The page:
10 Things College Didn’t Prepare You for When It Comes to Your First Job

desk with various business items on it

This guest post is by Alex Champagne, Crew212 member. Thank you for your insight, Alex!

There’s no question about it: college doesn’t teach us everything – despite taking nearly all of our money. We learn about theories that we will never apply or use, get tested over said theories, and value receiving good grades over actually learning relevant information.

Now, that’s not to say that there’s no value in college education; there’s certainly valuable aspects to the experience that allow us to grow and develop. The issue, however, arises when we enter the workforce and start “adulting,” many of us on our own.

I am by no means an expert on any of the following topics, but I do possess the skills and capabilities to seek answers to the questions I have – thank you, Keyot! This list isn’t exhaustive either, but rather what I found to be the most significant while recalling what gaps my college experience neglected to fill.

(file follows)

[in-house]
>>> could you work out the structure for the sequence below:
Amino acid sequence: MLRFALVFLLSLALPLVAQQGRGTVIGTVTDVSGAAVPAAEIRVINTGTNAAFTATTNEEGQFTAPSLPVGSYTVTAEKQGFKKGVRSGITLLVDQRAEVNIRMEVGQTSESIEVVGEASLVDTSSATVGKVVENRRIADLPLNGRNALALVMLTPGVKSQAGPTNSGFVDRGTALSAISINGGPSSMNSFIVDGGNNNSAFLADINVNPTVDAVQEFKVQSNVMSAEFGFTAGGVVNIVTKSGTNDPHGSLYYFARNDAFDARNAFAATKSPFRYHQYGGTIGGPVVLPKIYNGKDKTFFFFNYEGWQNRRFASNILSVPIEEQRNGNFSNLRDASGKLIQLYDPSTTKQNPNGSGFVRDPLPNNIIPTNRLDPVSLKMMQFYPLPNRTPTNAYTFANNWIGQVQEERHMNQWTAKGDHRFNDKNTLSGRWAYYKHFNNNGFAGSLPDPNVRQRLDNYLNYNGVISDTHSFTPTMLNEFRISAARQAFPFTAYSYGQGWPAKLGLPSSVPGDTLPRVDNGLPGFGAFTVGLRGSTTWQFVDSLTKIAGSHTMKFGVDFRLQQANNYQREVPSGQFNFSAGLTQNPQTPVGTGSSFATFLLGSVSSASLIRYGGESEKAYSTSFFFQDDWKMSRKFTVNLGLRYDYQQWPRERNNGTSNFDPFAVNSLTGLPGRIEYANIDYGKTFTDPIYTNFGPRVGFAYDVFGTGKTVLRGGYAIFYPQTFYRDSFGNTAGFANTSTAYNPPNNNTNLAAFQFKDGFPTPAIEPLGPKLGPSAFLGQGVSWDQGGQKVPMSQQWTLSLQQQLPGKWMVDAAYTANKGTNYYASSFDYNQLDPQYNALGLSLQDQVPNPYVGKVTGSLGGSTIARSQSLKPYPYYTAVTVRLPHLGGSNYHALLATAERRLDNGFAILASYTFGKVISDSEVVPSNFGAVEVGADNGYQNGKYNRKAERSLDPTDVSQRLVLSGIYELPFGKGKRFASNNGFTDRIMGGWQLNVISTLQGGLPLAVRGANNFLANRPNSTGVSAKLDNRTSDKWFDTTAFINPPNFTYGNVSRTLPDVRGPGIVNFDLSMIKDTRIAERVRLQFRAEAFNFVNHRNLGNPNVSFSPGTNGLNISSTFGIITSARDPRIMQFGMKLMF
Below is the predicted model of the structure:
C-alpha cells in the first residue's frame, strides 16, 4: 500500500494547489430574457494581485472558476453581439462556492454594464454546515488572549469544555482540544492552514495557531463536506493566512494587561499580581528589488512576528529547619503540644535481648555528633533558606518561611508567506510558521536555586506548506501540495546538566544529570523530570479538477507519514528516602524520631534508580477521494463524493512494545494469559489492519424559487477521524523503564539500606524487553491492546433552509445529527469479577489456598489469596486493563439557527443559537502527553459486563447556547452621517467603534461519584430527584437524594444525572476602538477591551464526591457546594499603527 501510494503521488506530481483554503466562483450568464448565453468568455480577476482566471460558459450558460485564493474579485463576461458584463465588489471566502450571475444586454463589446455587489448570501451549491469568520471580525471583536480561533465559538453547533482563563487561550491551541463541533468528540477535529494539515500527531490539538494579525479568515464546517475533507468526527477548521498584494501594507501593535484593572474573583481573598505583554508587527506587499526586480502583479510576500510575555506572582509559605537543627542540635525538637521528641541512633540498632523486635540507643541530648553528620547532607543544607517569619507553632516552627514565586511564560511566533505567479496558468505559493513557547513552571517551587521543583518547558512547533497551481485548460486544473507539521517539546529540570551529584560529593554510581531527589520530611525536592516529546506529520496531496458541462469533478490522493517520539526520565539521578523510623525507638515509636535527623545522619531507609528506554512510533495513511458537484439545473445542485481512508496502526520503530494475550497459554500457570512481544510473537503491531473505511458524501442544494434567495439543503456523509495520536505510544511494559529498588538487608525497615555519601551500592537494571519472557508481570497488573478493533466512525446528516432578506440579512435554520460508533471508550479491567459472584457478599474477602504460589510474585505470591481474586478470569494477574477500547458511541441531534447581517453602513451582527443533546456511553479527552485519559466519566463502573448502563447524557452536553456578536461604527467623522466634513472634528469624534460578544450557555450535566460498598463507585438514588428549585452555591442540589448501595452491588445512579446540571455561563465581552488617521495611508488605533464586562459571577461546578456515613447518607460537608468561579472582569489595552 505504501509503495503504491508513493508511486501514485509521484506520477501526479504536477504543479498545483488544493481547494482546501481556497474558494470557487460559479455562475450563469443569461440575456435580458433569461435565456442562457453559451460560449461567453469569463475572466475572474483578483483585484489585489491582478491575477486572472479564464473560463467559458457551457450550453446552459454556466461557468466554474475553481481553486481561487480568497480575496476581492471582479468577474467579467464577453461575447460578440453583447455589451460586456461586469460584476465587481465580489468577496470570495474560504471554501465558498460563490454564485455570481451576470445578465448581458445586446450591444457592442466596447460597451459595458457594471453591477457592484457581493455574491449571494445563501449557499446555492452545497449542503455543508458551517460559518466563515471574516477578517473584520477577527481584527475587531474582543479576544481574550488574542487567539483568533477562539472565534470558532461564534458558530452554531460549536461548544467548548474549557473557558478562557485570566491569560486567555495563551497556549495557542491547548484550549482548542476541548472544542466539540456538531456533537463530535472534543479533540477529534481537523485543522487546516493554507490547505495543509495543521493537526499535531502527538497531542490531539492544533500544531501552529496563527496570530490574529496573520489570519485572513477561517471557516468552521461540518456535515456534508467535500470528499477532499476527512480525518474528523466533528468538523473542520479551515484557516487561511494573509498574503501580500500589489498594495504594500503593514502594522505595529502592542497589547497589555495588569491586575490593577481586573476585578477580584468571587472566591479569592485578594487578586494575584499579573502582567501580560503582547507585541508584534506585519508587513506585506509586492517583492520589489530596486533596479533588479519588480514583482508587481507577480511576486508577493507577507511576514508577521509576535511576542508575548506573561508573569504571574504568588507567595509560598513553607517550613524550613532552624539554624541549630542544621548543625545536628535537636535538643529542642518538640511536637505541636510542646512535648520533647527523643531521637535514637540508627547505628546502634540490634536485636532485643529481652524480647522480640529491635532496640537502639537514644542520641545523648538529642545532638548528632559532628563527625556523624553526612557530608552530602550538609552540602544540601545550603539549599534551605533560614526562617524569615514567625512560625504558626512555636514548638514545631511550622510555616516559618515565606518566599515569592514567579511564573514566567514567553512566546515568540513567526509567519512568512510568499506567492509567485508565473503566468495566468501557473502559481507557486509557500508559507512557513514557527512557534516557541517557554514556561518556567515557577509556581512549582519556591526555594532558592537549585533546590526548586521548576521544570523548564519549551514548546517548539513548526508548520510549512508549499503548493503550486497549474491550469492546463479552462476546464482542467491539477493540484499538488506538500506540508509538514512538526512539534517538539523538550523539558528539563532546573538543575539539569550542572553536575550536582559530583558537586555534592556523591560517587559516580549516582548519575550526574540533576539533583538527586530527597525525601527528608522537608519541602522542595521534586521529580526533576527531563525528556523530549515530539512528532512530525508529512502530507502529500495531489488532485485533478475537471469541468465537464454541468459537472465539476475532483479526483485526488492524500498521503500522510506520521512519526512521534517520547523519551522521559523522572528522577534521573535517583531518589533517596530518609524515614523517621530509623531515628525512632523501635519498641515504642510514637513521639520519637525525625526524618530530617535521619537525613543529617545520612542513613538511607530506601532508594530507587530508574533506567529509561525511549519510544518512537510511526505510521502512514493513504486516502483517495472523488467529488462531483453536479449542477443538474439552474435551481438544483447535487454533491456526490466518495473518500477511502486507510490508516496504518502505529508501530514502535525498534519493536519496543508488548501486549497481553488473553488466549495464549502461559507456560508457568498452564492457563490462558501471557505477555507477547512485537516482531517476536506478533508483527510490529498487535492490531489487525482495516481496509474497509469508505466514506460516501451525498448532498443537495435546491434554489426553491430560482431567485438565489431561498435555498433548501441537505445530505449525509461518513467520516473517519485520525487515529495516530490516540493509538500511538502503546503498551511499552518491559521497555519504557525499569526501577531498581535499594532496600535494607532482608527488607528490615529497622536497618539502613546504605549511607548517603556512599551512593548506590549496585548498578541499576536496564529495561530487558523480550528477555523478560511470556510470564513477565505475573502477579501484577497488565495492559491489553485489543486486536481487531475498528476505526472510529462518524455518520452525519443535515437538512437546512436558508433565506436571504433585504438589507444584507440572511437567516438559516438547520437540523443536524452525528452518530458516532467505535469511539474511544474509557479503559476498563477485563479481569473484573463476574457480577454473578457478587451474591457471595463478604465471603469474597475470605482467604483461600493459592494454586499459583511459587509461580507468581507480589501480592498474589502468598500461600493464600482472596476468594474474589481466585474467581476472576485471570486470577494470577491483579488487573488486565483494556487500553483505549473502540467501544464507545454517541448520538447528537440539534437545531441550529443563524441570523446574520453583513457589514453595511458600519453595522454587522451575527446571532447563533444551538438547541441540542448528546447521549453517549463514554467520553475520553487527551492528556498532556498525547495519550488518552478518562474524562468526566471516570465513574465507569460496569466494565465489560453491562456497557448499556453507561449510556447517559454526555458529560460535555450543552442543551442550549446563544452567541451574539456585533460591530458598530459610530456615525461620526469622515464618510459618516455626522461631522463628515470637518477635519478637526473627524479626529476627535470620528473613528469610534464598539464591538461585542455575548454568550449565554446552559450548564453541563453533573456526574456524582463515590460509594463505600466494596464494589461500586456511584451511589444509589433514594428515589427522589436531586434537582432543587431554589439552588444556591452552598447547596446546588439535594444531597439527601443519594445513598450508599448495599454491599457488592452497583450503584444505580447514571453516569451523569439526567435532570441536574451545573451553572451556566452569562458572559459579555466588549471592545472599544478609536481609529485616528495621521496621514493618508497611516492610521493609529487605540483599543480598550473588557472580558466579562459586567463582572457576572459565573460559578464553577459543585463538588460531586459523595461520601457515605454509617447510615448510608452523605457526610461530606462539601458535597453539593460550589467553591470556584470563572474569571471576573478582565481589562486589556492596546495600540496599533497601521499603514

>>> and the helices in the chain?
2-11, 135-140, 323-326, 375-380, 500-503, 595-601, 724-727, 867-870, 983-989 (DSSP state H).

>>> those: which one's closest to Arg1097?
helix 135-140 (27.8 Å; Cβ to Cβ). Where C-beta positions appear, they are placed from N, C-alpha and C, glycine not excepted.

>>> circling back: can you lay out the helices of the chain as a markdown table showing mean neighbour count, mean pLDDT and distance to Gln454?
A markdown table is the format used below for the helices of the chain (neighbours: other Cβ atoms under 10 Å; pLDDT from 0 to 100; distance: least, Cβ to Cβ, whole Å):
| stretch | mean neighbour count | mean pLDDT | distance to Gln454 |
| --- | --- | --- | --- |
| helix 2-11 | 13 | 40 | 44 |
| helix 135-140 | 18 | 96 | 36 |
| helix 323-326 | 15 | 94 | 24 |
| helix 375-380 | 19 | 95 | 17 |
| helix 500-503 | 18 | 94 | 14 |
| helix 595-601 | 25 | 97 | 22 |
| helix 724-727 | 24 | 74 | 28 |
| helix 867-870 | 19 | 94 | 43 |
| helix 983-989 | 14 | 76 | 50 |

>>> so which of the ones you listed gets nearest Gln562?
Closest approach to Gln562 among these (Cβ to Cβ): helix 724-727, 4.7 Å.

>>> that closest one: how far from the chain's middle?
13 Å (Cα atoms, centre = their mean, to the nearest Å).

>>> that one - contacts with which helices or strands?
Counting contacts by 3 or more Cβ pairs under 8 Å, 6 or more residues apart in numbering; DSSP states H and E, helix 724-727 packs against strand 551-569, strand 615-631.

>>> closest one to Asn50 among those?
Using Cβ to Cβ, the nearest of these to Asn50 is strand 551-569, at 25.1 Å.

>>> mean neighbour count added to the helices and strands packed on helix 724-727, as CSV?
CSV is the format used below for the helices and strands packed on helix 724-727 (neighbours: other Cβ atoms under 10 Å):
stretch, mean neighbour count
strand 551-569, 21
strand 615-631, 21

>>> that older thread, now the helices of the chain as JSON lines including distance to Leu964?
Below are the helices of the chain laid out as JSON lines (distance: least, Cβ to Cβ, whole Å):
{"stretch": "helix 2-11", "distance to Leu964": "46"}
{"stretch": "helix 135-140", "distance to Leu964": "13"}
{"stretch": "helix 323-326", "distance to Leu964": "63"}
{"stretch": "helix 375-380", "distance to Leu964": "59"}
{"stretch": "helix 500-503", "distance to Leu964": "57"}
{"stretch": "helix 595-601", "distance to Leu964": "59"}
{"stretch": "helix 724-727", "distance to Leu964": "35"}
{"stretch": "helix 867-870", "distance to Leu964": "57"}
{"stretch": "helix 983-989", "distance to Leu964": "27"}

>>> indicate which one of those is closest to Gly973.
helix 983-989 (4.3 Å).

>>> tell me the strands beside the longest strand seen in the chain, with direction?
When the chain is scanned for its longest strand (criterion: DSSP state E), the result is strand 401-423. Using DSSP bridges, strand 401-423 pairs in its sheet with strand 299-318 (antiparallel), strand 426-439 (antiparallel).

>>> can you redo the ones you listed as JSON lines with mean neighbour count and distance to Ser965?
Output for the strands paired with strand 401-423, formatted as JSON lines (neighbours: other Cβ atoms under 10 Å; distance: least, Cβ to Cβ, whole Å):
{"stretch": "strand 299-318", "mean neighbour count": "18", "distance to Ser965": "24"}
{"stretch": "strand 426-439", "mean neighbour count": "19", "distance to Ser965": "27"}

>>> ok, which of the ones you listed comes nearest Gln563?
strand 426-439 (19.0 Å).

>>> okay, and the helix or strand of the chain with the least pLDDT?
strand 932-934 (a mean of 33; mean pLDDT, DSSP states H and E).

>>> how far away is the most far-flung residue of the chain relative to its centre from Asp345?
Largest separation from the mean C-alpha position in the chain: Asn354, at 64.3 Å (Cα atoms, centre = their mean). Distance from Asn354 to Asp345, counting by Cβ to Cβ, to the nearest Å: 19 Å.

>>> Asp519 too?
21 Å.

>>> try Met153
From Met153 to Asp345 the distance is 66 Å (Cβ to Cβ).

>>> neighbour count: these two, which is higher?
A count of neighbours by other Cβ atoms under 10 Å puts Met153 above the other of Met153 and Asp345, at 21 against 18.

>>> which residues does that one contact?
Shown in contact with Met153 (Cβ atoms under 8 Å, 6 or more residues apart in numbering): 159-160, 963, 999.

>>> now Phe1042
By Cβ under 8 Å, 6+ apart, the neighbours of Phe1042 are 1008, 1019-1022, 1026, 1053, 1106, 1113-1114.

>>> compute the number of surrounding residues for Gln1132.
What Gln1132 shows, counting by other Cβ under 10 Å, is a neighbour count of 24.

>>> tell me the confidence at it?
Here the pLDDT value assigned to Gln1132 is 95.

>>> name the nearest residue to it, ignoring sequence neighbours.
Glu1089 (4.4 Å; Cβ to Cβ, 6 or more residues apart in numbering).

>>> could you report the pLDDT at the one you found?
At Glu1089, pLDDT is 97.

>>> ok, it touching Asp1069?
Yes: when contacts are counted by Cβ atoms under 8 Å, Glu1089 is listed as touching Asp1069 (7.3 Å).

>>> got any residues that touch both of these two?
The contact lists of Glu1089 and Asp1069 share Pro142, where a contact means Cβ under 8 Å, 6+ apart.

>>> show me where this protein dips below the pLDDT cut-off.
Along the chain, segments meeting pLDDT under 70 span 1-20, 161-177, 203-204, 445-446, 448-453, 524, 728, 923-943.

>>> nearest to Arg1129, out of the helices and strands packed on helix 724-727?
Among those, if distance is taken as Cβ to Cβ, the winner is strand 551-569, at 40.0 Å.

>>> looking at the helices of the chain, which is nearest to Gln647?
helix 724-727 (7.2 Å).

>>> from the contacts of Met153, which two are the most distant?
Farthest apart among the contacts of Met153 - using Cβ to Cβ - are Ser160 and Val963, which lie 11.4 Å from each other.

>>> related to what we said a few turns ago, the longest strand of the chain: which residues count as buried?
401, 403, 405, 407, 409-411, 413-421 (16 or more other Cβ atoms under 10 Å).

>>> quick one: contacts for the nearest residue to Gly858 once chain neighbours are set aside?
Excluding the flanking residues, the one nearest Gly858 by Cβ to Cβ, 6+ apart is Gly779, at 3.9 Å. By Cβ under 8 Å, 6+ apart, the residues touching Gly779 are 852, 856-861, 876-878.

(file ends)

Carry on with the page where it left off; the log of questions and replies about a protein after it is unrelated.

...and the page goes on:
1. Compensation and Benefits

Leveraging and negotiating compensation and benefit packages is not something for which we are adequately prepared. Things like salary, health/medical plan, dental plan, 401(k) and other investment opportunities like Roth IRAs and stock investments can make or break your ability to successfully invest in yourself and prepare for the future.

2. Personal Finances

While some courses and majors revolve around finance, the typical college experience neglects to provide information about:

  • types of insurance and how to purchase them (i.e. health, life, renters, etc.)
  • applying for, refinancing, consolidating, and paying off loans (i.e. federal and private student loans, mortgage, car, etc.)
  • filing and submitting the proper forms and paperwork for taxes (i.e. joint filing, adding dependents, etc.)
  • how to handle smaller personal projects (i.e. cost efficiency of DIY vs. paying a professional).

While these can be mitigated by finding a financial planner, some might even argue that finding a good financial planner is something to be added to the above list.